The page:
The “right to remain silent” is well-known to anyone who watches movies or TV shows about police, but the constitutional rights that the statement represents are not always very well understood. The Fifth Amendment to the U.S. Constitution protects people from being compelled to give testimony that could incriminate them. This is not the same as saying that a person has a right to silence at all times. In some situations, police may use silence itself as incriminating evidence. The Supreme Court has held that police must stop questioning suspects once they assert their right to counsel, but it has also held that a person must affirmatively invoke the right to silence.
Silence at Trial
The Fifth Amendment states that “[n]o person...shall be compelled in any criminal case to be a witness against himself.” The right to silence is among the Miranda rights that police must recite during or shortly after an arrest. The primary application of this right occurs during criminal court proceedings, where prosecutors are not allowed to call the defendant as a witness. The defendant has sole discretion over whether to testify at trial, and prosecutors may not comment if the defendant decides not to do so. Griffin v. California, 380 U.S. 609 (1965); Harris v. New York, 401 U.S. 222 (1971).
An exception to the right against self-incrimination in court applies if prosecutors have granted the person immunity from prosecution. The Supreme Court has held that the immunity provisions of federal law offer the same protections as the Fifth Amendment. Kastigar v. United States, 406 U.S. 441, 462 (1972).
Silence During Police Interviews or Interrogations
The question of whether a person has a right to silence, essentially meaning a right to refuse to speak to police or answer their questions, has no simple answer. As a very general rule, no one is obligated to speak to the police, but even non-verbal communication can, in some situations, be incriminating.
The Supreme Court’s decision in Miranda v. Arizona, 384 U.S. 436 (1966), which gave us the well-known Miranda warnings, requires police to cease any and all interrogation once a person has invoked the right to an attorney, and it holds that any statements made afterwards are inadmissible in court. This only applies, however, after police have advised the person of their Miranda rights, which they are only obligated to do once they have placed that person under arrest.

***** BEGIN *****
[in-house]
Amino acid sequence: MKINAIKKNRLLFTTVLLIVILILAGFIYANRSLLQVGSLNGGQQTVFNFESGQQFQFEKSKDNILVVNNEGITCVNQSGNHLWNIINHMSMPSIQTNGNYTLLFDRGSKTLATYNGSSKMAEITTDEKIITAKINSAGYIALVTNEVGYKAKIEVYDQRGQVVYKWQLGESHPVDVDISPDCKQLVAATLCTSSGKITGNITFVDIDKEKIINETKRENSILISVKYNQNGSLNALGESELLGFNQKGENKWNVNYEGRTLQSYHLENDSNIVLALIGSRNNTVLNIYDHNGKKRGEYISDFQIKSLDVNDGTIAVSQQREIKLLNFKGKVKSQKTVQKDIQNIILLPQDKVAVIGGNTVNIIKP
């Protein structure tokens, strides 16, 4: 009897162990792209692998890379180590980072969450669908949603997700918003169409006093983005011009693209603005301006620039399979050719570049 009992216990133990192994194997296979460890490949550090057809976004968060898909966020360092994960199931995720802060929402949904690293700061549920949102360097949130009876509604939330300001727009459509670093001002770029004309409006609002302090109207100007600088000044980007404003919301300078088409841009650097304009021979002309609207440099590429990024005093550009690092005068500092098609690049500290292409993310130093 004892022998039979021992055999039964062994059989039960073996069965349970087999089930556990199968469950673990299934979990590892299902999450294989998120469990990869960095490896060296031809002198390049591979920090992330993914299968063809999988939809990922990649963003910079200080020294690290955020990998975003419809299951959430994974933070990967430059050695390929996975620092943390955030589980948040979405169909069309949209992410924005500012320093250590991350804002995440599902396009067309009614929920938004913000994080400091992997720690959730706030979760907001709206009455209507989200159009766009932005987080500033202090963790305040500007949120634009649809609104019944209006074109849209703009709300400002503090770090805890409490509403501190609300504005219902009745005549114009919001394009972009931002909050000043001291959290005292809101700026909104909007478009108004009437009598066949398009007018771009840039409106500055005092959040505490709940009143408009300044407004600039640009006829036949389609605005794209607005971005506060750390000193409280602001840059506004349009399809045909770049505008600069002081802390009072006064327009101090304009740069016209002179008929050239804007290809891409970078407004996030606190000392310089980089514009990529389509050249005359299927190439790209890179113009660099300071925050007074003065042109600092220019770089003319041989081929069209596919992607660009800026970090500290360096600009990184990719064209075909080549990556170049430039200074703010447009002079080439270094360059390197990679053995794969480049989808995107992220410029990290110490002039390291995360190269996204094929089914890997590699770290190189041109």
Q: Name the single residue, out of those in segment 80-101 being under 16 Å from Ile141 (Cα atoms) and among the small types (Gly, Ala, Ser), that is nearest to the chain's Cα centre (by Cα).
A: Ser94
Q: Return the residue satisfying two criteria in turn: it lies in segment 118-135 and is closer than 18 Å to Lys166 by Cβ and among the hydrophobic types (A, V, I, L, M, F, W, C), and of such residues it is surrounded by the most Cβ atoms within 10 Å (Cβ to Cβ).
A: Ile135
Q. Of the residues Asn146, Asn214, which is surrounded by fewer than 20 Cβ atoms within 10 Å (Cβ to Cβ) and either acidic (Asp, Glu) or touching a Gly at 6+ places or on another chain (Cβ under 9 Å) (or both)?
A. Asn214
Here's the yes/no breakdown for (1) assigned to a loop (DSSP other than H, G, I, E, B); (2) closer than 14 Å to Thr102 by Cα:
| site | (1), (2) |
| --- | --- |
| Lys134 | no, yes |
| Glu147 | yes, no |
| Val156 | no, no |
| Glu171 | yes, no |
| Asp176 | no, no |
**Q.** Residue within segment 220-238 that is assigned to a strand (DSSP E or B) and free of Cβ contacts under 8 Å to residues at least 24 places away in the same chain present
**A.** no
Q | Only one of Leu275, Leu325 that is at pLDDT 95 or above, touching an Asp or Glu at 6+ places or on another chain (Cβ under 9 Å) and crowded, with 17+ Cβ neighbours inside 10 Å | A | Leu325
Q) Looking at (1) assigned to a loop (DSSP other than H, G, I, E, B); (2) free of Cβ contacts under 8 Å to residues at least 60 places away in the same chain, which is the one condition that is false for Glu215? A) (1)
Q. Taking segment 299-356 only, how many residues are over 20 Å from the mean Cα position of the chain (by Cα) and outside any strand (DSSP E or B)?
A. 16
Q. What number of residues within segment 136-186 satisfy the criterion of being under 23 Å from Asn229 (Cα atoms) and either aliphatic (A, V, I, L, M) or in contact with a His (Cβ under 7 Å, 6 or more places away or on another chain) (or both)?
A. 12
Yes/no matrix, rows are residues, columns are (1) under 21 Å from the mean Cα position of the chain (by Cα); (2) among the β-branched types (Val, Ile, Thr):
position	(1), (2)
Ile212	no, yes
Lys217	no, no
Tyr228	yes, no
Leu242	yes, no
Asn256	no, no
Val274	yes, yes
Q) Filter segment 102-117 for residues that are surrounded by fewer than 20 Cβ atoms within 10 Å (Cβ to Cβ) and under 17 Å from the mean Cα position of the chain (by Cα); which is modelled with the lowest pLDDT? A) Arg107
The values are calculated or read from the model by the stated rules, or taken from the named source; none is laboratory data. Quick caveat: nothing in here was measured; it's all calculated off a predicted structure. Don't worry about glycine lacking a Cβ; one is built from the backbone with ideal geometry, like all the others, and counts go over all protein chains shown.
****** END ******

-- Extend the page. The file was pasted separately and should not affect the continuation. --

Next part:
Failure to Invoke the Right to Silence
Two recent court cases illustrate situations when a person’s silence could be used against him or her, without violating the Fifth Amendment or Miranda. Both involve failure by the defendant to assert the right to silence.
The Supreme Court’s decision in Salinas v. Texas, 570 U.S. __ (2013), dealt with a situation in which the defendant spoke to the police voluntarily during a murder investigation, meaning that he was not under arrest when the purportedly incriminating event occurred. When the police officer asked the defendant about his possible involvement in the murder, the officer testified, the defendant became very quiet, and his entire demeanor changed. Police offered the defendant’s silence and behavioral change as incriminating evidence. The court held that police did not violate the defendant’s rights against self-incrimination, in part because the defendant did not expressly invoke his Fifth Amendment rights.
The California Supreme Court reached a similar conclusion in a recent decision, People v. Tom, No. S202107 (Cal., Aug. 14, 2014), which involved evidence of literal silence after an alleged drunk-driving accident—specifically, that the defendant “expressed no concern about the well-being of the other people involved in the collision.” Since this lack of concern occurred after the defendant’s arrest but before he received Miranda warnings, and because he did not expressly assert his right to silence, the court held that his rights were not violated.